“JUDASVIDEO PREMIERE 5.5.11 on E! 7/6c + 11:30/10c. Motorcycle Fellini PopArt FantasyFilm + Haus Directorial Debut. ” – @ladygaga
When you read something that namechecks Fellini, you expect Fellini. Lady Gaga’s new video “Judas” is weak suace even for her. It’s Gaga without the weird costumes, without the nulled-gender, and without the weirdness. In other words it’s Madonna, with better photography. The only relationship this video has to Fellini are some very superficial costume references to Satyricon and a biker party that I’m sure she thought would conjure up images of the debauchery in La Dolce Vita, but instead conjures up images of Fast Times at Ridgemont High if it was a stage play put on by the cast of Glee.
Forget Fellini. I’ve always thought that Lady Gaga was channeling director Alejandro Jodorowsky’s films El Topo and The Holy Mountain in her videos, so much so that I’m willing to bet that the song “Alejandro” refers to him. But this video doesn’t even approach Jodorowsky.
The video, which you can bore yourself with above, depicts Jesus and his twelve disciples as a biker gang, with Lady Blahblah playing the role of Mary Magdalene. And that’s it. That’s five minutes and thirty five seconds of your life you won’t get back. There’s a lot of baptismal imagery, a lot of covering of one eye that I’m sure is supposed to evoke the Illuminati and make us say “ooooo” but instead makes us say “zzzzzzzz.” But her reference to Fellini is supposed to conjure up the controversy surrounding his films. We are supposed to find the video to be shocking. Mary Magdalene is having a relationship with Jesus?! And she cheats on him with Judas?! But if you aren’t shocked, it’s because Gaga isn’t really talking to you.
She’s talking to Catholics.
The relationship triangle depicted in the video is shocking to no one outside of Catholic schools, and I’m not even sure they would find it shocking. But that seems to be the goal. And relationship’s central role in the video tells me that Lady Gaga herself probably went to Catholic school as a girl. After all, it’s on the back of Catholicism’s adherence to a strict party line about Mary Magdalene and Jesus that Dan Brown built his Da Vinci Code empire around, which is itself the basis of all of the accusations online that Lady Gaga is in the Illuminati because of the odd imagery in the videos. (Yes, people think this. People who vote.)
In fact, Lady Gaga is aware of that sacrosanct imagery and where the Catholic Church has drawn all the bright lines regarding Mary, Jesus and Judas, and she crosses them deliberately and expertly. Judging from comments on Twitter and on her videos, she knows how to push buttons Catholic’s buttons to create controversy in Catholic schools and families, and she knows that doing so makes her content all the more exciting for kids growing up in those environments.
But Gaga isn’t doing anything new. In the 80’s Madonna played exactly the same game to the same effect. For starters, she called herself “Madonna,” and then released videos such as “Like a Prayer,” in which she casts a black actor as Jesus, whom she kisses:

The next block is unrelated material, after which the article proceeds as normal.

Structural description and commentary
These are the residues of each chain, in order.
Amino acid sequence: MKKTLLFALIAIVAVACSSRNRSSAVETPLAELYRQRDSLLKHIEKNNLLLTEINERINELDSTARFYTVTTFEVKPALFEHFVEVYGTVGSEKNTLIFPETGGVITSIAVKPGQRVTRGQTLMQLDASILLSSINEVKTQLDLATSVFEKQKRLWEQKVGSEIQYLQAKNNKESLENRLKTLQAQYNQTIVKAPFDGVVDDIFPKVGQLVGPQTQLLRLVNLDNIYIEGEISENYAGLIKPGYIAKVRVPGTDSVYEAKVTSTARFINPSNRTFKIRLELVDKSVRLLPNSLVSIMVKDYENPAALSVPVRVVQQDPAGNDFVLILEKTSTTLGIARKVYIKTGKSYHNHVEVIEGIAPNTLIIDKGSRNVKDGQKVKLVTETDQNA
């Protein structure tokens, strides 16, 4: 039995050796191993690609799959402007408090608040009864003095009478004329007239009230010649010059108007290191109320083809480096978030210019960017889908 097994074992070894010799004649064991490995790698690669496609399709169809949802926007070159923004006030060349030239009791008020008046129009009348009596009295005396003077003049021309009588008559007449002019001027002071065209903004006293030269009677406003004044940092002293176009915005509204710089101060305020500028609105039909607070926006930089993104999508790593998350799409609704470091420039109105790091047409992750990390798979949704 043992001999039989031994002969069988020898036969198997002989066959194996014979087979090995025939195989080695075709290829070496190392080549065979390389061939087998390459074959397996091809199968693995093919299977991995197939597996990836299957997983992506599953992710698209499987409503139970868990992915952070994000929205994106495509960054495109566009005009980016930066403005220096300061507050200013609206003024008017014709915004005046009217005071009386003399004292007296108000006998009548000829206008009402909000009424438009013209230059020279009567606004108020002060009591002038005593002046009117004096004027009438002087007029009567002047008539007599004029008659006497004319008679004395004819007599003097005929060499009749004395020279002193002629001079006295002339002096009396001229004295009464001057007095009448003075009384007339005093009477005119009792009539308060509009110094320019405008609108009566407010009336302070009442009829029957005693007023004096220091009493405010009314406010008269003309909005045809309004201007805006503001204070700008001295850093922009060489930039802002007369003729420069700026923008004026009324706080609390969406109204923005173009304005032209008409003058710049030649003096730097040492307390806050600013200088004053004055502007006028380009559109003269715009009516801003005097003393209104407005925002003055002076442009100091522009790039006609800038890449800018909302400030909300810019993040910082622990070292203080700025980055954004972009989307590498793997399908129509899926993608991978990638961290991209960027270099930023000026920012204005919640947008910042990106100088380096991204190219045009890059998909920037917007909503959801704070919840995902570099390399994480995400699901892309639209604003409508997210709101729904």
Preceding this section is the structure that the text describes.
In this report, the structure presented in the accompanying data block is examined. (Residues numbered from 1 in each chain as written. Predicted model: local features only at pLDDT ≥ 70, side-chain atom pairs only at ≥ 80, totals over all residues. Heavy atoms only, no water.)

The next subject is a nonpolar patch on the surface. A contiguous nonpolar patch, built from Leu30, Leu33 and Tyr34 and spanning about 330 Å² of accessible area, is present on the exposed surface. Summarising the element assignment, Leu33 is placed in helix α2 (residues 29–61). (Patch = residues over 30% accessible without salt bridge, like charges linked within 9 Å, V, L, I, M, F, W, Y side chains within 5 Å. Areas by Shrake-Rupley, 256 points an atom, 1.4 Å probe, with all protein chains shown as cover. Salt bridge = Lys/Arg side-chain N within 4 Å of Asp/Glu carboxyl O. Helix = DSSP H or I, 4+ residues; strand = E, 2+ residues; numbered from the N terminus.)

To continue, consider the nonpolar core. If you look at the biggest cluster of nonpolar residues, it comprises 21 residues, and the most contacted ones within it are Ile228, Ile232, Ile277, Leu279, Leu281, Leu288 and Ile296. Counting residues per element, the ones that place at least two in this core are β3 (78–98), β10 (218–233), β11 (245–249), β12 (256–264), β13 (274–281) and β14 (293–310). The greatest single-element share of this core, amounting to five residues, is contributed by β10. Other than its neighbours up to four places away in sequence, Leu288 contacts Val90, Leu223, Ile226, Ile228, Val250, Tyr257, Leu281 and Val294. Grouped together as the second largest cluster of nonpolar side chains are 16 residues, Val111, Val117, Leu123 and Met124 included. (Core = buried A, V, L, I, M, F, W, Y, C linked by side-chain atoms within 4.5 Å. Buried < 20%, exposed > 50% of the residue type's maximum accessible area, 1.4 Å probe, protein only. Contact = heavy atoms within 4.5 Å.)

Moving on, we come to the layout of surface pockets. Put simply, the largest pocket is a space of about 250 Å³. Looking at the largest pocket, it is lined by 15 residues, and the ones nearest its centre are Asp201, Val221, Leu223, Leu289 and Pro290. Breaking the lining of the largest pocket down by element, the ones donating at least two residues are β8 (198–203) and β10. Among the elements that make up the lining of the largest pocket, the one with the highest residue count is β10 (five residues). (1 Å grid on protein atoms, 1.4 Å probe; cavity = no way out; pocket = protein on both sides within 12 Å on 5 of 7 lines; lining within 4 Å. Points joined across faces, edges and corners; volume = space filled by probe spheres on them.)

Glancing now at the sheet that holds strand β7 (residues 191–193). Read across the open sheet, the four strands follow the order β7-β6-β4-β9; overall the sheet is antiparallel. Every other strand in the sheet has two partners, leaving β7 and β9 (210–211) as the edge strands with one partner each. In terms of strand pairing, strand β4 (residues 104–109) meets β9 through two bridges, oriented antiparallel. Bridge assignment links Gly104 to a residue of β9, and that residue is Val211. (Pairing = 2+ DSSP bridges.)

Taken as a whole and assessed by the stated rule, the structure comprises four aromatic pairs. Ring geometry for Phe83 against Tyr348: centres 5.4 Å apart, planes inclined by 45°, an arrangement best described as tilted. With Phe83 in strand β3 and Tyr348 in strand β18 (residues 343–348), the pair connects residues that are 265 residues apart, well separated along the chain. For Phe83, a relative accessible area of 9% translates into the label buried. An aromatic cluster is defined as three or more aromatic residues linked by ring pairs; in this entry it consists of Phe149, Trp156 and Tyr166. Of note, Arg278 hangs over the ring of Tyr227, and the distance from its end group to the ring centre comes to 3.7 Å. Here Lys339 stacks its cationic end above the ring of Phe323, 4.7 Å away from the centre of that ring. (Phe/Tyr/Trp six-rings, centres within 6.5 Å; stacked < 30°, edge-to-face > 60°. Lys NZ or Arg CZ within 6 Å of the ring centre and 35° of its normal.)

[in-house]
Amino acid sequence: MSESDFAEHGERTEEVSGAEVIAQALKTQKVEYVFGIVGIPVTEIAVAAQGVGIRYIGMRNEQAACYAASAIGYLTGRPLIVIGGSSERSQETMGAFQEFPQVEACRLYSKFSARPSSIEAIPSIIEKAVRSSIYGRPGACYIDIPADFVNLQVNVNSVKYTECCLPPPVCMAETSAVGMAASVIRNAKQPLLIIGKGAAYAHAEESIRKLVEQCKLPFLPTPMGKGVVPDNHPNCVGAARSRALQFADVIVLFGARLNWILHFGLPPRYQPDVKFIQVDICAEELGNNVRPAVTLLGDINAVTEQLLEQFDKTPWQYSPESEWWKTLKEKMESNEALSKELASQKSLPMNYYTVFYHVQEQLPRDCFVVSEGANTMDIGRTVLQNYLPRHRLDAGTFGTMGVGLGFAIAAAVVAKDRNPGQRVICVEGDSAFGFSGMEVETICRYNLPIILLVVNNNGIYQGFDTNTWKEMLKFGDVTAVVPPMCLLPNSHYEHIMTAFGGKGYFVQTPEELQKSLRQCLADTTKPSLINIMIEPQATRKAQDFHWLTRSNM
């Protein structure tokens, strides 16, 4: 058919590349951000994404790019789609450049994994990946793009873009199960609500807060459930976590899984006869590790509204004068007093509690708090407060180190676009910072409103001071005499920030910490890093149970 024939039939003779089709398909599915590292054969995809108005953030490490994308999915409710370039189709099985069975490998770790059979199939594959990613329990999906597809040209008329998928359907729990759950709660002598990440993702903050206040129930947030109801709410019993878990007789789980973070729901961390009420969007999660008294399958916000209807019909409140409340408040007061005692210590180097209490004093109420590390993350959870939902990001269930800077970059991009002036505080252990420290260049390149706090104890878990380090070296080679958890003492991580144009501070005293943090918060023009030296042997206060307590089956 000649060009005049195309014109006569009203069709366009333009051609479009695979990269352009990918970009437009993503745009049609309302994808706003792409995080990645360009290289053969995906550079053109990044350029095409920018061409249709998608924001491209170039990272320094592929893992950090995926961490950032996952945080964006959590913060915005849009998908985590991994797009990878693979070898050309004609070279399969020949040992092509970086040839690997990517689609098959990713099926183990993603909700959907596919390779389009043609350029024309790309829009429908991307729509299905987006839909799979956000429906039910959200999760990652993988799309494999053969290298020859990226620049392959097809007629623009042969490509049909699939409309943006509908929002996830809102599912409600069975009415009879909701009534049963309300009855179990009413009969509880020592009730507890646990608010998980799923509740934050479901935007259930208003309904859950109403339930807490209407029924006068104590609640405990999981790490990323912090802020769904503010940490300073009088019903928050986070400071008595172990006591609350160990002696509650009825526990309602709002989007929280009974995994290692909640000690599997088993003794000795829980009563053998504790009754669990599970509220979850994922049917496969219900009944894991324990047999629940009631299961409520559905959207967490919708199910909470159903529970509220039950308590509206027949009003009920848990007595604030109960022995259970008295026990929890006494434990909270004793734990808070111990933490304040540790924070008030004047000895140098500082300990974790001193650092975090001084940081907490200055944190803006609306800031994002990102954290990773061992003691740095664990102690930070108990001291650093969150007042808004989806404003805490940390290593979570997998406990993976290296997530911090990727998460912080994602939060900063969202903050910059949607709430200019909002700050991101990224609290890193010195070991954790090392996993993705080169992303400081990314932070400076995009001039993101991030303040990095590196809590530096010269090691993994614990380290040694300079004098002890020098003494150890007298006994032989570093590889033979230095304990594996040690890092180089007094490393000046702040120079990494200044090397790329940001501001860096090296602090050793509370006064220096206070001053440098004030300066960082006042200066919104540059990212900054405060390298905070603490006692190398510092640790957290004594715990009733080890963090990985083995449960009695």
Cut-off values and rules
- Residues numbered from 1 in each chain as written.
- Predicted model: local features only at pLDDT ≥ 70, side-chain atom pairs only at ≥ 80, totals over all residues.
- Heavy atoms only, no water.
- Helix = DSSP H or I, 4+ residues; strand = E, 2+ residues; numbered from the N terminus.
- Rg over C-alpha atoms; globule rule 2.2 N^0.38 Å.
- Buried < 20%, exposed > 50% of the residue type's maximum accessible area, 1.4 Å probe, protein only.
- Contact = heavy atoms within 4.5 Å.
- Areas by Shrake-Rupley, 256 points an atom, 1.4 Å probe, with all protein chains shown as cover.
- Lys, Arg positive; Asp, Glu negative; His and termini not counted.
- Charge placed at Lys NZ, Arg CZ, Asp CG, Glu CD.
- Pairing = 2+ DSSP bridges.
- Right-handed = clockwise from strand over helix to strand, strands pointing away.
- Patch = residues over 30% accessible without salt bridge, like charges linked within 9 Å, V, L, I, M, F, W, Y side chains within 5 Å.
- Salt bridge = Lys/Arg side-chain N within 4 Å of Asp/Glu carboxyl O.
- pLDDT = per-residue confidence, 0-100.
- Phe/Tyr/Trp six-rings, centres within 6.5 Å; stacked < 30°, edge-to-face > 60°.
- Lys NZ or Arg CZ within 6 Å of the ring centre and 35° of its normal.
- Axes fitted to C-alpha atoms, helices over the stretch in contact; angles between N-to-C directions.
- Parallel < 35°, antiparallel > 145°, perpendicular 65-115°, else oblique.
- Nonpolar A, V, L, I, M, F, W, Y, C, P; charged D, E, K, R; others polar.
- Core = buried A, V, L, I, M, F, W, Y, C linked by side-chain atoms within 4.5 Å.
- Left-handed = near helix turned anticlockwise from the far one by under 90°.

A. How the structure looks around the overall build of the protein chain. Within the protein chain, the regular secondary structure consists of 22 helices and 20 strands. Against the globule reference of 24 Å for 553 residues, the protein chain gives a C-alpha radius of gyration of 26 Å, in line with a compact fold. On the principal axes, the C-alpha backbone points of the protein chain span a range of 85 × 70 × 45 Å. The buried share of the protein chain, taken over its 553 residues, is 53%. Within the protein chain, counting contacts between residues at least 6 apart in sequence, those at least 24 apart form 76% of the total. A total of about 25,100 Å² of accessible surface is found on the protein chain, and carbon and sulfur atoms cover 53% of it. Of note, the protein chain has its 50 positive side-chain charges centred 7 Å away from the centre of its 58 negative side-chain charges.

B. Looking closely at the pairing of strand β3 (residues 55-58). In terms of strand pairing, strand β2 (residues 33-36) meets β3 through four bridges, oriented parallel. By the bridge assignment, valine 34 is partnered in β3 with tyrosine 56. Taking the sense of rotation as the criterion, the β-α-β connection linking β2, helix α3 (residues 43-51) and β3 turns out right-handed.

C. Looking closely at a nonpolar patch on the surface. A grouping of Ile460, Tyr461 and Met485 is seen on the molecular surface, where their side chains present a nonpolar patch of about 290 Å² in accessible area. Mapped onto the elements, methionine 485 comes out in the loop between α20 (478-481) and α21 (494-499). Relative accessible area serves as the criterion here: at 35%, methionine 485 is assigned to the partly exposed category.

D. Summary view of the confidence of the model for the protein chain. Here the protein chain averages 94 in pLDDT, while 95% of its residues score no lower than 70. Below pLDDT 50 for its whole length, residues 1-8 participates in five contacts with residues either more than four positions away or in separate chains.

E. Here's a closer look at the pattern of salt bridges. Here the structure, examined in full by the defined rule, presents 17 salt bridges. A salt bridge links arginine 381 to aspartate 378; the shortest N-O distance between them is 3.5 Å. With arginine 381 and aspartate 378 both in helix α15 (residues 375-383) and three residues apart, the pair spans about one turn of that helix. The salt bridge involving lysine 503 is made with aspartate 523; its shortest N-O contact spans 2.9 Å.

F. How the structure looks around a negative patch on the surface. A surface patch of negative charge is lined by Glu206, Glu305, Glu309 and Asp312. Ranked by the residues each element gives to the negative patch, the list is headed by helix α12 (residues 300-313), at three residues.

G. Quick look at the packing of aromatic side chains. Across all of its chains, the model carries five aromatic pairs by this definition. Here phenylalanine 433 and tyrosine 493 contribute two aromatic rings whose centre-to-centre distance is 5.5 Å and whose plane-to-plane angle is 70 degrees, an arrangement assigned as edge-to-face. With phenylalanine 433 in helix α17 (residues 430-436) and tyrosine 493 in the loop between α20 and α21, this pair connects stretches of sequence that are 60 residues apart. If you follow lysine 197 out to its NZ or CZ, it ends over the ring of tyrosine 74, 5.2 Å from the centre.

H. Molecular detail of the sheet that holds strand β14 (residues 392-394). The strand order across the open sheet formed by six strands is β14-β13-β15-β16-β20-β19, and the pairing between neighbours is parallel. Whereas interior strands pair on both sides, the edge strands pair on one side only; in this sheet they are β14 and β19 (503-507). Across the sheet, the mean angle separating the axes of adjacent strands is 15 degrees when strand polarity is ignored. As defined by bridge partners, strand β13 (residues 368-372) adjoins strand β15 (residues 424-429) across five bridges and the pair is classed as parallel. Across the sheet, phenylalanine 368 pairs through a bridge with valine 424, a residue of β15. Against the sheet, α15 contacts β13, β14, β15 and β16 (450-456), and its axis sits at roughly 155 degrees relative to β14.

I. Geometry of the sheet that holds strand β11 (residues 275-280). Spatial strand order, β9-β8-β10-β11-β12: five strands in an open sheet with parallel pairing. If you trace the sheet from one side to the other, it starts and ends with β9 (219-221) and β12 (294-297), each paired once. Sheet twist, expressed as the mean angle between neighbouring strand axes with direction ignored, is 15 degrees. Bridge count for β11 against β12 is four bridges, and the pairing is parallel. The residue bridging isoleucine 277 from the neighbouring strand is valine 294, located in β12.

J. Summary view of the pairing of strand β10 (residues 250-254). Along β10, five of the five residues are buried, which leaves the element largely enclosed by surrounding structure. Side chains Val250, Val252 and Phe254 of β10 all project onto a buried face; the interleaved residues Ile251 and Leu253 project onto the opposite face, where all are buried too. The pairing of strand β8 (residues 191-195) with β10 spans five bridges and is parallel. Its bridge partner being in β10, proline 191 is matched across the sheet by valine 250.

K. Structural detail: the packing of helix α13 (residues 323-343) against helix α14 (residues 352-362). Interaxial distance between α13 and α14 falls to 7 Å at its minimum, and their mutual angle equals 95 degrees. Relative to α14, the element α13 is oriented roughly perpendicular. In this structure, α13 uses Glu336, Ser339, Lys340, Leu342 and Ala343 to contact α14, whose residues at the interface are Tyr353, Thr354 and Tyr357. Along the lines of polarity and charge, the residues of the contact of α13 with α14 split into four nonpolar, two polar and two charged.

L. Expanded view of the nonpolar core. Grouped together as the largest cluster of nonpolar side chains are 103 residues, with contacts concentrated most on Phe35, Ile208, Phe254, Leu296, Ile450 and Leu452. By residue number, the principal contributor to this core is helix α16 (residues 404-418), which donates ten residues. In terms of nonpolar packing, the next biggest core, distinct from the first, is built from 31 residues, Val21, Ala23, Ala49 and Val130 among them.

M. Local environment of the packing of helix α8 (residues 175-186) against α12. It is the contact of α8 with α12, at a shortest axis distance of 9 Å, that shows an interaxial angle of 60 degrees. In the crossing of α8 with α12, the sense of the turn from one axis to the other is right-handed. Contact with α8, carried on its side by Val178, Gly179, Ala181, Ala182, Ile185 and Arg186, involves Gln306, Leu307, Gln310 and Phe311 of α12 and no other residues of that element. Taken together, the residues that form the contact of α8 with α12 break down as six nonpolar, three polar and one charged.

The clever thing about Madonna’s video is that it gave shocked parents explicit imagery of Madonna caressing Jesus that they could complain publicly about, thereby channeling in a “safe” way their true anger over the fact that in video depicts Jesus as black. Yes, this is the kind of thing that upset people in 1989. The Vatican actually condemned the video.
The rest of us read The Last Temptation of Christ and found the whole business a bit…neurotic.
Lady Gaga, and Madonna before her, are simply playing with the symbols of a huge authority in their lives and in the lives of their fans. It appeals to a certain kind of narrow-cast rebellion. It presumes the kid who is watching it is growing up in an environment where the party line on Bible mythology is strictly enforced but where the parents and schools give the kids enough latitude to watch these videos on their TVs/iPhones/computers/telescreens. So strict upbringings, but not overly so.
Heavy metal bands in the 80’s played this game ad nauseum. They all covered their albums in overt satanic imagery, because they knew rebellious kids would buy them just to leave the albums out where their religious parents could find them. I recall one instance in the 80’s when a schoolmate came up to me in hushed whispers, a mischievous smile upon his face, holding a CD emblazoned with the ornate calligraphy of the logo of the band, Dio. “Dude, if you turn it upside down, Dio spells ‘devil.'”
Dude. Dio sucks.
And you go back a little further, and kids are getting high to “Don’t Fear the Reaper” asking “Do you think this is about Satan?” Well, it’s the Blue Oyster Cult, so I’m pretty sure it’s about gay truckers.
The acts that have done this in the past to great fame and success are legion. Marylin Manson put out an album called “Anti-Christ Superstar” and obliterated his gender while Stephanie was still playing Moonlight Sonata on her Steinway in 6th grade. But as each successive pop art returns to the same well-trodden ground, the effect is diminished. Was Manson a satanist? At the time no one cared enough to ask. We were more concerned with mounting tensions between East Coast and West Coast rappers.
Lady Gaga is obviously very creative and very talented (she’s actually an impressive pianist). And her music certainly is danceable, catchy, and dripping with hooks. But unless America’s response to French postmodernism and 9/11 was to double-down on religion, I don’t see how playing with these religious images in her videos is in any way edgy or controversial anymore, except among a narrow audience of Catholic schoolgirls like the one Stephanie Germanotta used to be. “Judas” is Lady Gaga grappling with her own Catholic upbringing. And that has nothing to do with us.